Bloodhound Censorship

Dude, you don’t need to censor the poor girl’s back. Unless she also has boobs on her back.

For instance, let’s talk about the visuals. In theory, this is where Bloodhound shines the brightest, with its satanic, grotesque, extreme and (not quite) erotic imagery. I have previously mentioned about how proudly the developers tried to boast the fact the game has nudity right from the get-go. While, sure, the visuals are occasionally creative, the lighting effects are crisp, and the framerate is absolutely excellent, some other elements feel unfinished and cheap. There is no weapon wielding animation. You don’t even see a hand onscreen, for instance. If you wield a revolver, you will only see the gun onscreen, something not even GoldenEye 007 forgot about in 1997.

Bloodhound Sawed Off Shotgun

Aren’t those the shotguns used by Overwatch’s Reaper?

Regarding the sound design, this might actually be one of the most disappointing aspects about Bloodhound. Given the DOOM influences, heavy metal riffs are to be expected, and they do not disappoint… when they are played, that is. The music only kicks in during brief combat sections. For the rest of the runtime, just atmospheric noise. Not particularly bad, though.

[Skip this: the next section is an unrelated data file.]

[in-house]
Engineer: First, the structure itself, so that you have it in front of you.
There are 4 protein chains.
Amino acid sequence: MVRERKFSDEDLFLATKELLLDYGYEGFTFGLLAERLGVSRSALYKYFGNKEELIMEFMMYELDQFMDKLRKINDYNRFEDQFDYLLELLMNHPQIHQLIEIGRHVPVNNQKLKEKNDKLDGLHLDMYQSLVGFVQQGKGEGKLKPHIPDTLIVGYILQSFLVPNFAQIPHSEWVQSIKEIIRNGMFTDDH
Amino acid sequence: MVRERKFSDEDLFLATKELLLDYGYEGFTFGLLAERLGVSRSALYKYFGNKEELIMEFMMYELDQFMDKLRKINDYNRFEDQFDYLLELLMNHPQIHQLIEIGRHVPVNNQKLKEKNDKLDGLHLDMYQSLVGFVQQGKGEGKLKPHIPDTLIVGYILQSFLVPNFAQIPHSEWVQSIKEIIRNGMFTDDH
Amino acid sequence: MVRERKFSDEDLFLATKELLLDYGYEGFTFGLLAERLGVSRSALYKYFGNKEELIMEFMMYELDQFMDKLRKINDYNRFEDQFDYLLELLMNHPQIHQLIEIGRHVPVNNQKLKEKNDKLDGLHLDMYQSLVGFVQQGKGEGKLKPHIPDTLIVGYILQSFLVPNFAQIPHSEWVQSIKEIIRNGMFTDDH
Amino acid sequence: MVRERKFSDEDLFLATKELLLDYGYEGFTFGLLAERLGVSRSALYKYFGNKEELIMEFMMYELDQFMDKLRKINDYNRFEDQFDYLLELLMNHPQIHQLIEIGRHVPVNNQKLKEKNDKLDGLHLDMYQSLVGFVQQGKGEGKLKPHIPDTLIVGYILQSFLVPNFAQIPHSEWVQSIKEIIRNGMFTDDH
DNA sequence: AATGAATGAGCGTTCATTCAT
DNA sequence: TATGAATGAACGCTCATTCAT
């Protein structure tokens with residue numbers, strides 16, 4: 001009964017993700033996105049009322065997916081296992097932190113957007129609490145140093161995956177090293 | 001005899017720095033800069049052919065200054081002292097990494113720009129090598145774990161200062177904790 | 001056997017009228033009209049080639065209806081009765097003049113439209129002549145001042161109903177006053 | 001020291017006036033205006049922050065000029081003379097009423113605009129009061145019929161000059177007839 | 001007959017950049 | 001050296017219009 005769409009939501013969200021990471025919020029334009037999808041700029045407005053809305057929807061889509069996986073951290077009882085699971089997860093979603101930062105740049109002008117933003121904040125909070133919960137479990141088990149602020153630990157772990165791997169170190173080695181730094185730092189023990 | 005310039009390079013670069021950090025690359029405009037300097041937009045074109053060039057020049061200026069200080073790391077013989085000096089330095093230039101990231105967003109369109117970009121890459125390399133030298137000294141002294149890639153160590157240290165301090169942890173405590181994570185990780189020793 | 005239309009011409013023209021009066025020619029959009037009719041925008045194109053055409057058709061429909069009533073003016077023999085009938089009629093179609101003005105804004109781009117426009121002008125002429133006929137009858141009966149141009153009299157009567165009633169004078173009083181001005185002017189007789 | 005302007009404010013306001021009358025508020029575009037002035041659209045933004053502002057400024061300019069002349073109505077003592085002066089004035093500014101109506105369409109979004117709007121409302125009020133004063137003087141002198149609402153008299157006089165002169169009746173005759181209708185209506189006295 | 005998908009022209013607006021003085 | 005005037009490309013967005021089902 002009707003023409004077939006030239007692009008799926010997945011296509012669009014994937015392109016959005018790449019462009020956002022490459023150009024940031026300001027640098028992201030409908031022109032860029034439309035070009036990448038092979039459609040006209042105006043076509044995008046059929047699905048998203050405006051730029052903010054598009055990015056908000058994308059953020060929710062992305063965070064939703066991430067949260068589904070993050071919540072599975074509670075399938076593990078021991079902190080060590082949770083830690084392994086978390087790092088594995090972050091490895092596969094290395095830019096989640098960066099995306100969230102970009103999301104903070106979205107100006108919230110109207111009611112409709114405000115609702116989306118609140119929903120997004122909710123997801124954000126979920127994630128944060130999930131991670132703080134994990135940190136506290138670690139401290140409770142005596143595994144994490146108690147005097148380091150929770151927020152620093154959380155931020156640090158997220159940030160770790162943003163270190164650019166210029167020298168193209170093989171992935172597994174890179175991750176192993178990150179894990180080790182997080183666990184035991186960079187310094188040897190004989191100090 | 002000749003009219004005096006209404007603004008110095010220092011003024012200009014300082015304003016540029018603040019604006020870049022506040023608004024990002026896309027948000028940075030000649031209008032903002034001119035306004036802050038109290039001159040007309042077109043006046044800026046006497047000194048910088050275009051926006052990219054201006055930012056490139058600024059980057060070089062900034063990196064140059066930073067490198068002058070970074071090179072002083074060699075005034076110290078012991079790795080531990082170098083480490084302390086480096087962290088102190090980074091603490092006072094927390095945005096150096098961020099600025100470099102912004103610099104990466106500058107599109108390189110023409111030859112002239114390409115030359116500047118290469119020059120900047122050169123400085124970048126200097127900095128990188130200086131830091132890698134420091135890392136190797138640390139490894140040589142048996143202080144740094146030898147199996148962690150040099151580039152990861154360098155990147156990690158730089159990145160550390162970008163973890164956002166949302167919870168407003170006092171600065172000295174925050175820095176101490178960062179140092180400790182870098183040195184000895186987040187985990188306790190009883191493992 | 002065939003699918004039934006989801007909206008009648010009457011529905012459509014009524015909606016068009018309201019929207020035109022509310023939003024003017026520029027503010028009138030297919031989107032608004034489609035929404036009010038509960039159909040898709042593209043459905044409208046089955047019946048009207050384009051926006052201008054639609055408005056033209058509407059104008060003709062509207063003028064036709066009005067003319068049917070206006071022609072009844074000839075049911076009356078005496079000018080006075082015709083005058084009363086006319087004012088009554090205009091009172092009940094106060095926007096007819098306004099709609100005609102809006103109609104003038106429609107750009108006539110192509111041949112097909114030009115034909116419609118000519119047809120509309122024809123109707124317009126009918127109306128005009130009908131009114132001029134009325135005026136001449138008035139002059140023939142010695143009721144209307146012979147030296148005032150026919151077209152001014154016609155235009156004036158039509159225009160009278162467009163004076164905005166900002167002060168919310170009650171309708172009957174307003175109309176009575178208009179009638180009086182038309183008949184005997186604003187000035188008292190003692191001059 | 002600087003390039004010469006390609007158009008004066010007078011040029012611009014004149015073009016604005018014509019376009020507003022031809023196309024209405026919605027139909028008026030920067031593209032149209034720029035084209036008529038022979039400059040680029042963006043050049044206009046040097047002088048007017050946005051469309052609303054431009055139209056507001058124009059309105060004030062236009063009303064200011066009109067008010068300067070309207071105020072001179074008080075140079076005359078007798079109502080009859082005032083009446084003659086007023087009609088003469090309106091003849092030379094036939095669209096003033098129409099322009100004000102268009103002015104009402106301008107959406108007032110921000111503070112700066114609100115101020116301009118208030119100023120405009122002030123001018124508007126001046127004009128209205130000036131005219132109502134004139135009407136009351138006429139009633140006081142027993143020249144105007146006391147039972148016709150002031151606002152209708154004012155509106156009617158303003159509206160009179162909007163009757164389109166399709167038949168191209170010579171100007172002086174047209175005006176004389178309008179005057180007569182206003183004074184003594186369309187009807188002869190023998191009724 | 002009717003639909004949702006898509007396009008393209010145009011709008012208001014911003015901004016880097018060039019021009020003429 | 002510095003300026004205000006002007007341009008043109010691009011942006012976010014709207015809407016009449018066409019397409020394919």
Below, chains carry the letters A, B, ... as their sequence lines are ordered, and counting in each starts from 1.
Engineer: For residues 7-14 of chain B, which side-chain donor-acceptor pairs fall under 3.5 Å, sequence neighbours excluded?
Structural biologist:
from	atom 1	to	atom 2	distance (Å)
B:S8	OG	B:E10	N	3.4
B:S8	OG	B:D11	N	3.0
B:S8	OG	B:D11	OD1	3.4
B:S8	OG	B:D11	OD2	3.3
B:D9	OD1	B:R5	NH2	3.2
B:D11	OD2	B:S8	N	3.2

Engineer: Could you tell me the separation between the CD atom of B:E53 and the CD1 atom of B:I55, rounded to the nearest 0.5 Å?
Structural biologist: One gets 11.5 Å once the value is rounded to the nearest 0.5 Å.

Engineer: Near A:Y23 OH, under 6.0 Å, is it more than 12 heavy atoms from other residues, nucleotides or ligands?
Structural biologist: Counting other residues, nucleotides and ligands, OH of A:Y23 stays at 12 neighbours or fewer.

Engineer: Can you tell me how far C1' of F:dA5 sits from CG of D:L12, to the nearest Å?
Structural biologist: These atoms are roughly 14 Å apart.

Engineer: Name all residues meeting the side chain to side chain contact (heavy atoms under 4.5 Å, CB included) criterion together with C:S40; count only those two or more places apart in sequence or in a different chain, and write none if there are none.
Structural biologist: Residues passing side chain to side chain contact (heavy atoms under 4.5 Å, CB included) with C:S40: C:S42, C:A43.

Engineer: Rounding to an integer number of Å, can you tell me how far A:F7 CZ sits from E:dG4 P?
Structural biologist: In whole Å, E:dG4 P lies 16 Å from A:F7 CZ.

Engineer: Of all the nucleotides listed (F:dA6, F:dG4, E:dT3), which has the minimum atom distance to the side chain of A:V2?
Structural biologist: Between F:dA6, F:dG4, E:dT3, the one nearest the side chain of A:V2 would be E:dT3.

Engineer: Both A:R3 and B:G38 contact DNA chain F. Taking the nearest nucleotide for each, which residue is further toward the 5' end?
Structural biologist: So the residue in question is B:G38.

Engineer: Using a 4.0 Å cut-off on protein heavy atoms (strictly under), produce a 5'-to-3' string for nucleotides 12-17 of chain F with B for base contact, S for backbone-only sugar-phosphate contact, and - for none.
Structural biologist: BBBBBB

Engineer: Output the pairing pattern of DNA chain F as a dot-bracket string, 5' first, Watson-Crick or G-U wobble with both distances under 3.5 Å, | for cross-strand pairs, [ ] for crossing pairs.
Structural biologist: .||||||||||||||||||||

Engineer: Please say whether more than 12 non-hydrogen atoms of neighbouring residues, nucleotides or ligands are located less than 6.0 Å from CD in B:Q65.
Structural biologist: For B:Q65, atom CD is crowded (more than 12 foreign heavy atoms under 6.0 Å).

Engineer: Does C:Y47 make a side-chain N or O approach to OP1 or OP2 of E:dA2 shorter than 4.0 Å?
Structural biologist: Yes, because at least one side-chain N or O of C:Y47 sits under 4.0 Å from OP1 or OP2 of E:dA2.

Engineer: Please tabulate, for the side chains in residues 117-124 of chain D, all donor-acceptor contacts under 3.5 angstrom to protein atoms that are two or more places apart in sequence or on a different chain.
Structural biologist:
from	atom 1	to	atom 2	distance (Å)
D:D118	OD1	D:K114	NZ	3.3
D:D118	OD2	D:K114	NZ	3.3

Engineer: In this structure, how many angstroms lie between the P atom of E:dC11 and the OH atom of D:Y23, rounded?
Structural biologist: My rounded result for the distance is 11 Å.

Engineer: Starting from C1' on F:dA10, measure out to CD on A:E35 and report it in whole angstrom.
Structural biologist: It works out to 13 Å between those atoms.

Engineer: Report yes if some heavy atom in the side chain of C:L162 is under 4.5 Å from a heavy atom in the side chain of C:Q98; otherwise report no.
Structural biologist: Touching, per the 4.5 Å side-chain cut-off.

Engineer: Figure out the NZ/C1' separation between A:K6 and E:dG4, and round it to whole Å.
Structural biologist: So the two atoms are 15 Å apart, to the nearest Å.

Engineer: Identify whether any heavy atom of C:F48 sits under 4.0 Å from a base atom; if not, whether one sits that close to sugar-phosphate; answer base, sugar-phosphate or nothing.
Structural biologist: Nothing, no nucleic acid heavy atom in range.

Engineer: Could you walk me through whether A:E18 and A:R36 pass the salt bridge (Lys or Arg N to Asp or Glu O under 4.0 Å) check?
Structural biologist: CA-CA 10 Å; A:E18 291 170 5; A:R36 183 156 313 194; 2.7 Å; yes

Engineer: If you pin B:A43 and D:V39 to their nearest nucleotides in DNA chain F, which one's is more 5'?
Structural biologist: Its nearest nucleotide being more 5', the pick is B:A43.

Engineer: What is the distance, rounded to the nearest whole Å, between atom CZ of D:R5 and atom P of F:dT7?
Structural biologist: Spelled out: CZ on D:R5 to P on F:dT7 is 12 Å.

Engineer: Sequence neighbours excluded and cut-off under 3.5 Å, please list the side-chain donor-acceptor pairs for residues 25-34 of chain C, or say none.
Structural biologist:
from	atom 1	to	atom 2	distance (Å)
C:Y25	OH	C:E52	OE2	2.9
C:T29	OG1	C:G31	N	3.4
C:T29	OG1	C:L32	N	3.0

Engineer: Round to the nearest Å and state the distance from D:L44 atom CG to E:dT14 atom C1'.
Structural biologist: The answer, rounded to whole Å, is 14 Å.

Now, when it comes to sound effects, this game is a disaster. With the exception of gun sound effects (which are there, but aren’t very impressive for the kind of over-the-top action Bloodhound aims to offer), the rest of them are basically missing. Whenever enemies spawn onscreen, there are no sound effects; I only realize they show up because the heavy metal kicks in and I start losing health (they almost always spawn behind me and start dishing out attacks). Their attacks make no sound, and not even the enemies themselves utter many voice samples. Demons barely scream, for instance. It almost makes the game feel unfinished as a result.